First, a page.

AT&T(s T) is now claiming on its Innovation Space blog that its mobile data traffic is doubling every year, rather than increasing by the more modest 40 percent annual rate it detailed in recent investor and analyst calls. The distinction is important because the faster AT&T’s HSPA and LTE networks become overloaded, the more pressure it faces to use its reserve spectrum and find new sources of airwaves.
AT&T Senior EVP of technology and network operations John Donovan wrote:
But when the year-end numbers show a doubling of wireless data traffic from 2010 to 2011 – and you’ve seen at least a doubling every year since 2007 – the implications are profound.
Over the past five years, AT&T’s wireless data traffic has grown 20,000%.
The growth is now driven primarily by smartphones. Add to that new customer additions and the continuing trend of upgrades from feature phones to smartphones, and you have a wireless data tsunami.
So is AT&T contradicting itself? No, it’s just looking at different sets of numbers. According to the Wall Street Journal, AT&T confirmed that the 40 percent number cited by AT&T executives cited only factored in increases from existing users, not traffic produced from new subscribers, i.e., the typical AT&T smartphone customer increased his mobile data consumption by 40 percent over the last 12 months. The 100 percent number is for overall mobile data traffic on its network, factoring in the increased usage of its existing subscriber base along with the burden millions of new smartphones brought to its network.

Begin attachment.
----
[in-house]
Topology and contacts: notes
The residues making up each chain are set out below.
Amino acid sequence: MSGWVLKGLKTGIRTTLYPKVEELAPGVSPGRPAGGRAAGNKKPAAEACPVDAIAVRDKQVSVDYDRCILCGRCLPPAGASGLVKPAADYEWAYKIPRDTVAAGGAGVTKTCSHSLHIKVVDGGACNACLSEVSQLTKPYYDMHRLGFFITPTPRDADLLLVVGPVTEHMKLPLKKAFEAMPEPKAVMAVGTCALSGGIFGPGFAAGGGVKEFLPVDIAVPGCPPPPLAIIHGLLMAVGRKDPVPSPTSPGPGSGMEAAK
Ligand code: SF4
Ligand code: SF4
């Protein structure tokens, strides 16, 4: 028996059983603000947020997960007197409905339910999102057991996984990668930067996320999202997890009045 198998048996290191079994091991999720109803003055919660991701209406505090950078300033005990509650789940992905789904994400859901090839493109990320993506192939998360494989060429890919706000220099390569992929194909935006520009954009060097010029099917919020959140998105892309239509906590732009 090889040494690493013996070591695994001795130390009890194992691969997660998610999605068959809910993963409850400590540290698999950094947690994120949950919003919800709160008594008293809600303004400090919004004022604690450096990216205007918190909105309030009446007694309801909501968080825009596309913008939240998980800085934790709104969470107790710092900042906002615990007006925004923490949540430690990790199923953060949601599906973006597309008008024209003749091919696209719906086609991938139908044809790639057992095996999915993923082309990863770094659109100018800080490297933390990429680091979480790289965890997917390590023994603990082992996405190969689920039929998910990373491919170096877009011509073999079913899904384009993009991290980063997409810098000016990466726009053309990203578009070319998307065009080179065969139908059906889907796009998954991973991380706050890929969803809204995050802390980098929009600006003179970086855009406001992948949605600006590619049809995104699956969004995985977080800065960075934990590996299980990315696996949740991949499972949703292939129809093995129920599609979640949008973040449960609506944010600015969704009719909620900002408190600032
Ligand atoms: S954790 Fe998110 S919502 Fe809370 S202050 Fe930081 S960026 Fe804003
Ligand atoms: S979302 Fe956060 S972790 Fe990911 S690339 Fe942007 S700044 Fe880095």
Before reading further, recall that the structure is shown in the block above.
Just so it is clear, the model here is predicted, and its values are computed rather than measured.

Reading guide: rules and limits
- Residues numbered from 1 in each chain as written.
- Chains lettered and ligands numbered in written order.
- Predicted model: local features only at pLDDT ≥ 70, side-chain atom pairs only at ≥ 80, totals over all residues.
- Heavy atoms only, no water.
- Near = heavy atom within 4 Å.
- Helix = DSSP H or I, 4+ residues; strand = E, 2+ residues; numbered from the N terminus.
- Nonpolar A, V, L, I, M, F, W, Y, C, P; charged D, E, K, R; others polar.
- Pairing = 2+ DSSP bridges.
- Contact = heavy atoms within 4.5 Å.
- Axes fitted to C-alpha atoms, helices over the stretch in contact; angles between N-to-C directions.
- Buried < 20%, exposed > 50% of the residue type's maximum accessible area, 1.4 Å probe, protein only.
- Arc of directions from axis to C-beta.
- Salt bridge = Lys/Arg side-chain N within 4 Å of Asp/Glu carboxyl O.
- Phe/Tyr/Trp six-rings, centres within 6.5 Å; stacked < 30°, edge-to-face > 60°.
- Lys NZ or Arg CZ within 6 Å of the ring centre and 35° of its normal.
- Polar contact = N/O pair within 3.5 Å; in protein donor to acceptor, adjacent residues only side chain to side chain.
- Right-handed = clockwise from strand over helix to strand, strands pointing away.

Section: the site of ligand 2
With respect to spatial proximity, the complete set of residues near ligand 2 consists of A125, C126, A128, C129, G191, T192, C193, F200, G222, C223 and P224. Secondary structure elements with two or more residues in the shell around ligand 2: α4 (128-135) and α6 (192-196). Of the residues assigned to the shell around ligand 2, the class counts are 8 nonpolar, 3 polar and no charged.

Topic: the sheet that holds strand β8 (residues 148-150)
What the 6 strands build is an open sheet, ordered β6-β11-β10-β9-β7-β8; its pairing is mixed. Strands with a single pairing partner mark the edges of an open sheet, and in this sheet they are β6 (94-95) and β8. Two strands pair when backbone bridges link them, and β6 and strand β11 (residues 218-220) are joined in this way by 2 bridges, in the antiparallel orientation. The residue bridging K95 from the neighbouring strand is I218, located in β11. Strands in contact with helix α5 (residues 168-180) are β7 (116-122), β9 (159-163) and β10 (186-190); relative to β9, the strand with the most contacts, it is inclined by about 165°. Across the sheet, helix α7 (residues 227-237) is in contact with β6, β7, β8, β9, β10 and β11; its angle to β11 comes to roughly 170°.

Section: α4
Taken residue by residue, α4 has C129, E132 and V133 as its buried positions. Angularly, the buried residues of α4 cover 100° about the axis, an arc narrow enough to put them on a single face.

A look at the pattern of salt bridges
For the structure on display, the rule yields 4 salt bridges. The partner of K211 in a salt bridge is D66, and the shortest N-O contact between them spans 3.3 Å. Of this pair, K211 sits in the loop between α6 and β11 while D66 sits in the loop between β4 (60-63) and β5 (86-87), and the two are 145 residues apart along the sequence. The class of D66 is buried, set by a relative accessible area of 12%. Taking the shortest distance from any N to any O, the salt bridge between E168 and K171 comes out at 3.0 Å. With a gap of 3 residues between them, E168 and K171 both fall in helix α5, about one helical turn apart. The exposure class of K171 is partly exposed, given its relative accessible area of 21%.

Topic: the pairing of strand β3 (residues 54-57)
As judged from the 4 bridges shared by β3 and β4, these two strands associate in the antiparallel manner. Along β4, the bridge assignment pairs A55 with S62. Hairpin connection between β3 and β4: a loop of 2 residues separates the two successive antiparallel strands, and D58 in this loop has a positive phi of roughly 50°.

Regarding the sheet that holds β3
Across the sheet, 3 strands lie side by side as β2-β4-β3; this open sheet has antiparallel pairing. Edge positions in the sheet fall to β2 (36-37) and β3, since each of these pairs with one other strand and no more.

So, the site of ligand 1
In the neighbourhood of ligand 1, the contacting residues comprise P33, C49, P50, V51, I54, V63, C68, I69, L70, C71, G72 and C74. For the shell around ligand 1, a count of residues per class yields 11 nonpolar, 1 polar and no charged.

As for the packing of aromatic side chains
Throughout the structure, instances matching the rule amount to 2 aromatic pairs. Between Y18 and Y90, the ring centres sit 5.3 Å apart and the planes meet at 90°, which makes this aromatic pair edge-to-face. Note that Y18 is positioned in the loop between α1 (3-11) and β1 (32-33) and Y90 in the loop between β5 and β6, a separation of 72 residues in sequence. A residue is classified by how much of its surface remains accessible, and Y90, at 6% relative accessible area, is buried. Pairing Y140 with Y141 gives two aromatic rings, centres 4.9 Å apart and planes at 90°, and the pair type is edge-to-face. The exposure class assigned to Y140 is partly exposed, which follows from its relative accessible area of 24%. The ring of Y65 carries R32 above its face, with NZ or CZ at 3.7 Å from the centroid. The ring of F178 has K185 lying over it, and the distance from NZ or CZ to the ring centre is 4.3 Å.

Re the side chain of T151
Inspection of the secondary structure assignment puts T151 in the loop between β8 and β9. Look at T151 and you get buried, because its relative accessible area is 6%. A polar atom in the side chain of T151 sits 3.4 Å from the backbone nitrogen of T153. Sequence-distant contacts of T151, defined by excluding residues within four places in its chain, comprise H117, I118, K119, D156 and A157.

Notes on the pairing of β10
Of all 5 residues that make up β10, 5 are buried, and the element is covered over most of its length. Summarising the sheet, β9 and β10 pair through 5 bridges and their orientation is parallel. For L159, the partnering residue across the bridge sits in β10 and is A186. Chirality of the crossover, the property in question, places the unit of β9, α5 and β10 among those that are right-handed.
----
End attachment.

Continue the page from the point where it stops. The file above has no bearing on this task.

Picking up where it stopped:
Now AT&T’s numbers make much more sense
Why would AT&T use the 40 percent number, rather than 100 percent number, when it’s trying to convince the public it’s running out of capacity? You have to remember whom AT&T was talking to. Investors and analysts aren’t so much interested in overall traffic increases on AT&T’s network, but in traffic increases AT&T can’t monetize.
The 40 percent increase, in most cases, represents traffic AT&T has to absorb without collecting any incremental revenue. A customer on a 2 GB plan who increases his monthly usage from 1 GB to 1.4 GB doesn’t pay AT&T an additional dime. But a new subscriber represents an entirely new monthly revenue stream. If AT&T’s traffic grows from new subscribers, it has more money with which to add network capacity. That’s not the case with existing customers unless it raises prices (which AT&T basically did).
Despite those huge gains, AT&T’s data traffic is growing at a slower pace than the rest of the U.S. wireless industry. Cisco Systems’(s csco) new Visual Networking Index projections, released Tuesday, found that mobile data traffic throughout the U.S. increased by 172 percent in 2011, meaning other operators made up more ground. That probably has a lot to do with AT&T’s early lead in smartphones thanks to its years of iPhone exclusivity. As of the fourth quarter, AT&T had an industry leading 56.8 percent smartphone penetration, which means it has far less headroom than its competitors to grow its traffic through new subscribers.
What’s more, AT&T’s efforts to restrict data usage among its customers seem to be working, reining in its hungriest data users. It introduced throttling on its grandfathered unlimited plans in the fall, which is now kicking in at usage levels as low as 2 GB a month. AT&T has also moved most of its subscriber base over to tiered data plans, which places caps on monthly usage. Consequently, AT&T’s customers are only increasing their consumption by 40 percent each year, compared to the U.S. average of 156 percent annually estimated by Cisco.